When you complete development on a web application, even the most stringent functional and unit tests can miss the most visible flaw: your application doesn’t scale properly. The problem with evaluating scalability is that flaws can manifest anywhere in the application. You may be using a sorting algorithm that turns into molasses as the data set grows. Perhaps you have a query that creates a Cartesian join, or which falls over when one specific table grows beyond a certain point.
Many of these flaws can be found with code review or unit tests. Unfortunately often scaling problems are the result of a combination of problems that will only show up under actual loading. Your web application may even survive hammering by a single user, but has underlying architectural flaws that lock up the application when it is loaded by multiple users from multiple time zones.
Testing in the Real World
The best way to understand how your web applications will perform in the real world is to test them in the real world. The problem you face is that when you release your application you won’t have significant loading until it gains popularity. Once your application starts to gain a significant customer base is when you will see real scalability problems come out of the woodwork and that is the worst possible time for them to show up.
There are many cloud-based distributed test network to test your web application as it will be loaded in the real world. The test agents use leading cloud providers to access your application from locations around the world. This gives you feedback on how your web application performs with requests from various countries and time zones. You will get reports on how local bandwidth, routing, and latency affect the responsiveness of your application.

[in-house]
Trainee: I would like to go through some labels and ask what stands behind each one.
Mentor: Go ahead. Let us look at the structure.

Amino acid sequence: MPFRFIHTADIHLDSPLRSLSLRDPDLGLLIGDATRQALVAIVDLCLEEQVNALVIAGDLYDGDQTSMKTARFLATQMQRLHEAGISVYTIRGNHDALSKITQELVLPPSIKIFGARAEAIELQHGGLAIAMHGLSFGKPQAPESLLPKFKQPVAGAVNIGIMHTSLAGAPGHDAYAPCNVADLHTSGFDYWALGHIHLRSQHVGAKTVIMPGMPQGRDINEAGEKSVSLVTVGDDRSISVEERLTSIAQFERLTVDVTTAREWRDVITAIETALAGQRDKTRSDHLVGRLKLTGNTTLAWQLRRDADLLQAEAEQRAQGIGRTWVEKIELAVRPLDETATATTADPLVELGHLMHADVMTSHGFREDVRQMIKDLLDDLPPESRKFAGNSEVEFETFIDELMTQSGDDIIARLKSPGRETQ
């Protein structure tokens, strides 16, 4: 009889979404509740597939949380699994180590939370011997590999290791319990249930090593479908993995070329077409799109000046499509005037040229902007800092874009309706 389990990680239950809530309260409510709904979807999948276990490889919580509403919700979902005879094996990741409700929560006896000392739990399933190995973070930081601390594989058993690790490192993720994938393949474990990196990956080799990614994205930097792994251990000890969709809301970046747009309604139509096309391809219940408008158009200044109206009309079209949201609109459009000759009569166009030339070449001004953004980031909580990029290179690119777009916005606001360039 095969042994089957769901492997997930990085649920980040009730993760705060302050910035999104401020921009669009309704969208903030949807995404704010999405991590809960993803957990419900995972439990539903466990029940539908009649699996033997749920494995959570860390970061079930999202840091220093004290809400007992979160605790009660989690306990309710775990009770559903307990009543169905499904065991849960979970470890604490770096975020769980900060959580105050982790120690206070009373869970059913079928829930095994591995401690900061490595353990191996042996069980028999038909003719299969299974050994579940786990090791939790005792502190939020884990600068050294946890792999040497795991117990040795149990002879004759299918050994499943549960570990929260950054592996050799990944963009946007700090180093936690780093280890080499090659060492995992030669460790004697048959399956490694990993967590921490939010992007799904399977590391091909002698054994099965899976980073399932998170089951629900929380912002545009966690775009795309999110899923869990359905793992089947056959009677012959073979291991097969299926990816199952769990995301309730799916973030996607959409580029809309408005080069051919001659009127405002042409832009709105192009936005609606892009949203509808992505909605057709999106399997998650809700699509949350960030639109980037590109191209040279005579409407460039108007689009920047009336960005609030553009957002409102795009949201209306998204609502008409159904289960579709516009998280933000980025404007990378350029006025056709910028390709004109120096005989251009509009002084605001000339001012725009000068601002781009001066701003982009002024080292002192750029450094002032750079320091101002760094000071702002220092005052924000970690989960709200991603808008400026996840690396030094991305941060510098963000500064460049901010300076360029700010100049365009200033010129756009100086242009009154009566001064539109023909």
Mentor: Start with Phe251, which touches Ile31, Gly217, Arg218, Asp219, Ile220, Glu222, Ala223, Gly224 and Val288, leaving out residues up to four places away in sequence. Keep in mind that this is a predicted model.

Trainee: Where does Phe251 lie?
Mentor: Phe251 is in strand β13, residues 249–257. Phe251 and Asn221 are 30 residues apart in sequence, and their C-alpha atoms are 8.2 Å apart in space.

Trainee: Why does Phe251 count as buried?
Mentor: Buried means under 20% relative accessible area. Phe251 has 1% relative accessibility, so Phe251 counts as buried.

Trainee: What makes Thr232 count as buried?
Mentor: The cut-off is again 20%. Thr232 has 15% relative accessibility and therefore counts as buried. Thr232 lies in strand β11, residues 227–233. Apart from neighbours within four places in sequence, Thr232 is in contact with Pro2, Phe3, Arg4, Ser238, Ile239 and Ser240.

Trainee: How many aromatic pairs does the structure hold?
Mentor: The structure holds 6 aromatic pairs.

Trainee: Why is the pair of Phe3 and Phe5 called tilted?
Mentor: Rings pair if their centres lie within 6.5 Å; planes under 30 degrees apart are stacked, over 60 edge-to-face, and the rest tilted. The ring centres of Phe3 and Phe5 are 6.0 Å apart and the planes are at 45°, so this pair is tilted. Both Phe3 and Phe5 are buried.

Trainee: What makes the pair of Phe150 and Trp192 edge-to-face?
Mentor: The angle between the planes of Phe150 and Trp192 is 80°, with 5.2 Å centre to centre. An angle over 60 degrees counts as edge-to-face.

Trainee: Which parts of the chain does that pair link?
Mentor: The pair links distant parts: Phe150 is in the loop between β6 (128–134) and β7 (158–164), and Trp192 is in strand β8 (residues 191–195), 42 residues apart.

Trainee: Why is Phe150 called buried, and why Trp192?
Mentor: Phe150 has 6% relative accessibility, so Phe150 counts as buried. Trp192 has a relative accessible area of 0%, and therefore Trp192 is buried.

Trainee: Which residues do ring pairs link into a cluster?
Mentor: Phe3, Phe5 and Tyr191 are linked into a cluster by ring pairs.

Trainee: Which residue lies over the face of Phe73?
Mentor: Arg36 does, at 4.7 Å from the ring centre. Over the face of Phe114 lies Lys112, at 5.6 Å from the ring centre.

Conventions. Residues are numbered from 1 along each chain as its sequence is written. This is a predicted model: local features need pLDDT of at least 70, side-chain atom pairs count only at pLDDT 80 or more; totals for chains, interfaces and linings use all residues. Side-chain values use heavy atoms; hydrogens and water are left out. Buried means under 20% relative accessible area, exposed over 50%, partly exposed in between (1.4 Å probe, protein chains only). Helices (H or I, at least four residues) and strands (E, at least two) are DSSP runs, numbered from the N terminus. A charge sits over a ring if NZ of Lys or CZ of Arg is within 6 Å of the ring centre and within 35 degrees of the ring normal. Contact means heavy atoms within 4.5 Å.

For example, you may use a global distributed content delivery network (CDN) to host your application’s static resources. The CDN’s cache has a high-speed link to your ISP, so all your localized testing shows strong performance and a responsive web application. However, testing from eastern Europe shows that the CDN doesn’t have the same connectivity with networks there. The result is that the pages for your web application load very slowly as the user agent waits for style sheets and images to load from the content delivery network.
No Need for a New CDN
This does not mean you need to find a new content delivery network. It gives you the opportunity to evaluate the CDN’s performance in markets you plan to target and make an informed decision with respect to handling of your static content. You may choose to find a new CDN, or you could tweak your application so that it doesn’t use the CDN for customers in specific locations.
Cloud-based distributed testing gives you better information about the performance of your web application with respect to both loading and global access. This gives you the ability to evaluate your performance decisions and make changes before you face loading problems instead of in the midst of them.